January 6, 2021

As a former federal prosecutor and judge, I believe Lisa Montgomery deserves clemency

Stephen Larson Former federal prosecutor and U.S. District Judge


One of the heaviest burdens I had as a prosecutor was my responsibility as a minister of justice. I was not simply an advocate; I, like all my colleagues, had ethical and professional obligations to ensure that defendants were accorded procedural justice, that guilt was decided upon the basis of sufficient evidence, and that special precautions were taken to prevent and remedy injustices.

I and my colleagues took this responsibility seriously, especially when children were the victims of crimes. We witnessed the shattering physical and psychological effects of the trauma that children suffer when adults abuse them. It’s something you never forget.

Lisa Montgomery was one of those child victims. Lisa was raped, repeatedly and violently, from the time she was eleven years old. As a young teenager, she was trafficked by her own mother, who allowed groups of adult men to gang rape her. Lisa’s childhood consisted of constant physical and psychological abuse.

Lisa told people about these crimes, including a cousin who was a police officer, but no one intervened. Neither her mother nor any of her rapists was ever prosecuted. The criminal justice system failed Lisa Montgomery during her childhood.

Lisa’s life didn’t improve. Her mother forced her into an abusive marriage with her stepbrother at age 18. By then, Lisa had developed a dissociative disorder as her mind broke from reality to protect her against the violence inflicted on her body. This trauma-induced mental illness compounded the organic brain damage Lisa suffered due to her mother’s heavy alcohol use during pregnancy and a genetic predisposition to mental illness from both sides of her family. Finally, in the grip of a psychotic break, Lisa committed a tragic and terrible crime when she killed a young woman and took that woman’s unborn child to care as her own.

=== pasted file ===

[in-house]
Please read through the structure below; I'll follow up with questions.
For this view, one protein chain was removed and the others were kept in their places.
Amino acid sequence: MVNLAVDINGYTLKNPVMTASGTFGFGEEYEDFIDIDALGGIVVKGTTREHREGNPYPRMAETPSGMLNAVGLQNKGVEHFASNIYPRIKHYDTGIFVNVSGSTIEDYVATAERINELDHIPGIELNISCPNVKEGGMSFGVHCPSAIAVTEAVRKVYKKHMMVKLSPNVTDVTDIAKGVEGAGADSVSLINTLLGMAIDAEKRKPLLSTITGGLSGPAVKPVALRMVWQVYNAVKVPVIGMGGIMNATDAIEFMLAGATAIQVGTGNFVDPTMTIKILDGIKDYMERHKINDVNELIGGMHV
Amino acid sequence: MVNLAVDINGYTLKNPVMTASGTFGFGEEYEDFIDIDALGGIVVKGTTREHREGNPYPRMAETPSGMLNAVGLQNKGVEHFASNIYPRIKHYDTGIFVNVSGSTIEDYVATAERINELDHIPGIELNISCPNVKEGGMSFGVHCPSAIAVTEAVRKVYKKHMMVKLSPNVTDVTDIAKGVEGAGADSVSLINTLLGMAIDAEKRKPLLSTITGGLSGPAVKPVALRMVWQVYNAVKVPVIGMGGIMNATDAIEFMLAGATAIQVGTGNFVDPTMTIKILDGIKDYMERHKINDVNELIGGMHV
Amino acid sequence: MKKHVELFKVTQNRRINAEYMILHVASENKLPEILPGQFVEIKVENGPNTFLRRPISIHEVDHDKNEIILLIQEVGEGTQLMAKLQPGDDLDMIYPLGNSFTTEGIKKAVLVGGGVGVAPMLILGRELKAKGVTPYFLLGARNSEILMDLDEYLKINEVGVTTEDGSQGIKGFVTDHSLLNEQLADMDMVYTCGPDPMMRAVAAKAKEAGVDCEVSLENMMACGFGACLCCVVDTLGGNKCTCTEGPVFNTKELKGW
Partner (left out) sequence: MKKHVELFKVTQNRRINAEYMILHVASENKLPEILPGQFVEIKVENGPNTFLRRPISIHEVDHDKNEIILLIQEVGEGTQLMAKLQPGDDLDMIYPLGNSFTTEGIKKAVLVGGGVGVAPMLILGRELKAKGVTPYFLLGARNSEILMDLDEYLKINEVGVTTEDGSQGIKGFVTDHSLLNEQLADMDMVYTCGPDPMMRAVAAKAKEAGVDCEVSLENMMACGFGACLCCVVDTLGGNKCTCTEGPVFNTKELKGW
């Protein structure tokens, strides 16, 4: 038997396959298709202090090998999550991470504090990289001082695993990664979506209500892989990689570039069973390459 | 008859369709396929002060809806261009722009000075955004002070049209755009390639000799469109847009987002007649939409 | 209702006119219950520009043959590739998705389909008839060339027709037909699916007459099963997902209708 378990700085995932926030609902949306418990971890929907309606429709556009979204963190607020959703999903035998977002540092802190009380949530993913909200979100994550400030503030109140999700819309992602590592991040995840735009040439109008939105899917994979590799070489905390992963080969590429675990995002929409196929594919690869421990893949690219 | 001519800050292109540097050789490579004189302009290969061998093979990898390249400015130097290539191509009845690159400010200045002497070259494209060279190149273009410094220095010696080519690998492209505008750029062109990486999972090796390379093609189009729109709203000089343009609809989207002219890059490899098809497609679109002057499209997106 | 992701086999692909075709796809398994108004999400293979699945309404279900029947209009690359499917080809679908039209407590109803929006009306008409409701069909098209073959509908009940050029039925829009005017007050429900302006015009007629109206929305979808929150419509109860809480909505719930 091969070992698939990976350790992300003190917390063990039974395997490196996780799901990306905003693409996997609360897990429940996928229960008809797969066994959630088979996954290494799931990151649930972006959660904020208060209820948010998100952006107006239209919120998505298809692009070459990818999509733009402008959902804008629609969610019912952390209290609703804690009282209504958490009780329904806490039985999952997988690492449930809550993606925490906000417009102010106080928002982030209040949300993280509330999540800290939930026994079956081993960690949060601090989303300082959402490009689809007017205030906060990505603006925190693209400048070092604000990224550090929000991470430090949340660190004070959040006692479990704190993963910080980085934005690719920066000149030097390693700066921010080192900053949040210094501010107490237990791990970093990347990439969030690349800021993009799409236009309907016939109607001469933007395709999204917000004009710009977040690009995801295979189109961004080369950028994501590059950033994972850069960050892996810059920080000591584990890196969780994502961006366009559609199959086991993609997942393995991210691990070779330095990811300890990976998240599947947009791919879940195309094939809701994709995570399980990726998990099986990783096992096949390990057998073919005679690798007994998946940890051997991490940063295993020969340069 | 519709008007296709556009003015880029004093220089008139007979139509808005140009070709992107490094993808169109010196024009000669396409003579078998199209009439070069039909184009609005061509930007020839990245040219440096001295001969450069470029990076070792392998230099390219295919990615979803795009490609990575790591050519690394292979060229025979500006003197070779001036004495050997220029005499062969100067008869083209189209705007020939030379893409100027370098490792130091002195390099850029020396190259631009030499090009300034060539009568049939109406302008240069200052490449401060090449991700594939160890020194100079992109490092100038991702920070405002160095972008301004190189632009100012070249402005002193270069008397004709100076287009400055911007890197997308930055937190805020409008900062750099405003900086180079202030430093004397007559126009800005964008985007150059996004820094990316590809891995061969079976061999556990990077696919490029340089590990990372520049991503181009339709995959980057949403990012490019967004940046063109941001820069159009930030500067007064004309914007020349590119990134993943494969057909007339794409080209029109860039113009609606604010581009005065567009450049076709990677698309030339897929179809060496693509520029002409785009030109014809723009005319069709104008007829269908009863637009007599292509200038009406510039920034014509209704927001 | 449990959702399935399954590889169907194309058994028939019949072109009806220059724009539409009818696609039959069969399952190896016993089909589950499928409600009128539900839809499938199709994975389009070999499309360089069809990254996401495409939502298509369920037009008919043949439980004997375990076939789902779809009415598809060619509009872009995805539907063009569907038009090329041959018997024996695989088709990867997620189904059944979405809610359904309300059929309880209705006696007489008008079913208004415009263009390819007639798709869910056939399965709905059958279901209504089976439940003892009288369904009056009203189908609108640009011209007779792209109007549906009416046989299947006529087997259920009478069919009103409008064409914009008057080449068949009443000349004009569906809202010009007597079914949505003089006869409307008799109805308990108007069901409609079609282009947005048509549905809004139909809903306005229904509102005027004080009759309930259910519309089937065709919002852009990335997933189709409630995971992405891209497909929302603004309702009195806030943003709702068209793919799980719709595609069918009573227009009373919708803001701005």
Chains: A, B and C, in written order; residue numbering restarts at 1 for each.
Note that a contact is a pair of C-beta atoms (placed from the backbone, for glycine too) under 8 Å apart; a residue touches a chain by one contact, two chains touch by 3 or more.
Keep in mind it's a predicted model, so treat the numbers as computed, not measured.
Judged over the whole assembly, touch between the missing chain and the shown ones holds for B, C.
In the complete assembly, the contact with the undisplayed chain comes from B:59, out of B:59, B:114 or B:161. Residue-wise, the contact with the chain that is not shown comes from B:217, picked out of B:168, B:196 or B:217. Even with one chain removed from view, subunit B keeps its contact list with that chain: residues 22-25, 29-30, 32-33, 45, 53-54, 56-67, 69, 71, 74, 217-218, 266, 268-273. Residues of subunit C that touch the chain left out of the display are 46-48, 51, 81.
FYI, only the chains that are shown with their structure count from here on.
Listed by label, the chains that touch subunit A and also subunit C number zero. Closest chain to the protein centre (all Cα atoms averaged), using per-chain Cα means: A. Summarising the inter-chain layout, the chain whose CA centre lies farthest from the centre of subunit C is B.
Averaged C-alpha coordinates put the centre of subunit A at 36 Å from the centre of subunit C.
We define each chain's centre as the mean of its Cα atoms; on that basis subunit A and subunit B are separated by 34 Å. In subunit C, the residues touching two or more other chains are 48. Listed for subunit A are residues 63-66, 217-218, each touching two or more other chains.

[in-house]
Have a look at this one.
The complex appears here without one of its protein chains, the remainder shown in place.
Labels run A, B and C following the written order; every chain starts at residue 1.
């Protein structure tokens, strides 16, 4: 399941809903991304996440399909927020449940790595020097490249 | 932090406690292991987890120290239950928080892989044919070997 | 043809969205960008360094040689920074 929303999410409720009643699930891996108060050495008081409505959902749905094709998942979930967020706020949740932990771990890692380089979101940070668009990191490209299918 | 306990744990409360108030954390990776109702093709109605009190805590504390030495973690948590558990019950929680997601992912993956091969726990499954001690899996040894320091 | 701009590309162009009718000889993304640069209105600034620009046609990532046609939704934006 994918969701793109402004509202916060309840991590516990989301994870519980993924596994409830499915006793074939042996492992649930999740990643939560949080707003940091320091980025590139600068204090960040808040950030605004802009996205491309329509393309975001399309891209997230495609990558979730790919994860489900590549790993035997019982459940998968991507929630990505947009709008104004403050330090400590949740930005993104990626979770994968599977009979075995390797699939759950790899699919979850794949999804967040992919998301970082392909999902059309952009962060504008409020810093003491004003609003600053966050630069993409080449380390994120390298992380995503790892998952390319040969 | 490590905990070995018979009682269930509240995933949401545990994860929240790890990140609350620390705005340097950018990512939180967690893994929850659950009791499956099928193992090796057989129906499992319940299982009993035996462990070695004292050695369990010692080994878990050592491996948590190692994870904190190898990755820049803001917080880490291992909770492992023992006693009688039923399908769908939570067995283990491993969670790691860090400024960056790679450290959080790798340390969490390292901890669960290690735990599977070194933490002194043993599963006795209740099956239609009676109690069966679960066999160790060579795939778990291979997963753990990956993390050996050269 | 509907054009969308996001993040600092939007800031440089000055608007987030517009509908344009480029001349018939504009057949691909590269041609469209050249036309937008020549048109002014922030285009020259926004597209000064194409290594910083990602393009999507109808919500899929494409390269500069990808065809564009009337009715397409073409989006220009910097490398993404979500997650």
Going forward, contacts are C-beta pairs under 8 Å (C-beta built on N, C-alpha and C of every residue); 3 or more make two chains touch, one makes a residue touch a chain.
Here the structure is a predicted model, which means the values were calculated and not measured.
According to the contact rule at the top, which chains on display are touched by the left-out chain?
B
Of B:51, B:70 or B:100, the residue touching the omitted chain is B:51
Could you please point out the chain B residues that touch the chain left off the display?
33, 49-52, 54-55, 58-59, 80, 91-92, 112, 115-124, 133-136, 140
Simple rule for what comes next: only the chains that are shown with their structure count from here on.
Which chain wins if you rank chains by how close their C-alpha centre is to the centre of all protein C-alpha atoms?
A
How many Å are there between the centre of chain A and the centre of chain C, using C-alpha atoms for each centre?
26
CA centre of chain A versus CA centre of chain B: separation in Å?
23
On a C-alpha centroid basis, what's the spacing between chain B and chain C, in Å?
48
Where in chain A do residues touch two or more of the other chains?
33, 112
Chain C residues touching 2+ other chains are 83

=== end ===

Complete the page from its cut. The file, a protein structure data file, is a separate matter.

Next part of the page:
At her trial, the criminal justice system failed Lisa again. There was no recognition of Lisa as the profoundly mentally ill victim of lifelong trauma. Federal prosecutors dismissed her experiences as an “abuse excuse.” Although Lisa expressed deep remorse and offered to plead guilty in exchange for a life without parole sentence, prosecutors insisted on seeking and securing a death sentence against her.

Lisa’s history of trauma is not an excuse for her crime, but it provides an important explanation that is relevant to her punishment.  I believe a jury that meaningfully understood her history would not have given her a death sentence.  Lisa is the only woman in America facing execution for the type of crime she committed, though the sad fact is that several other women have committed similar offenses. That is because such crimes invariably result from serious mental illness; in all but Lisa’s case, other prosecutors recognized that such circumstances do not warrant capital punishment.

Many prosecutors are so intent on winning that they forget their true job is to achieve justice. In Lisa’s case, accepting her offer to plead guilty and be sentenced to life imprisonment would have been the kind of justice that is appropriate in this case.

On the other hand, executing Lisa Montgomery would just be one more failure of the criminal justice system. She is scheduled for execution on Tuesday, January 12. President Trump can and should commute Lisa’s death sentence to life imprisonment without possibility of release.

Stephen G. Larson is a former federal prosecutor and former U.S. District Judge who presently practices civil litigation, criminal defense, and appellate advocacy in Los Angeles and Washington D.C. 

Criminal Justice, Death Penalty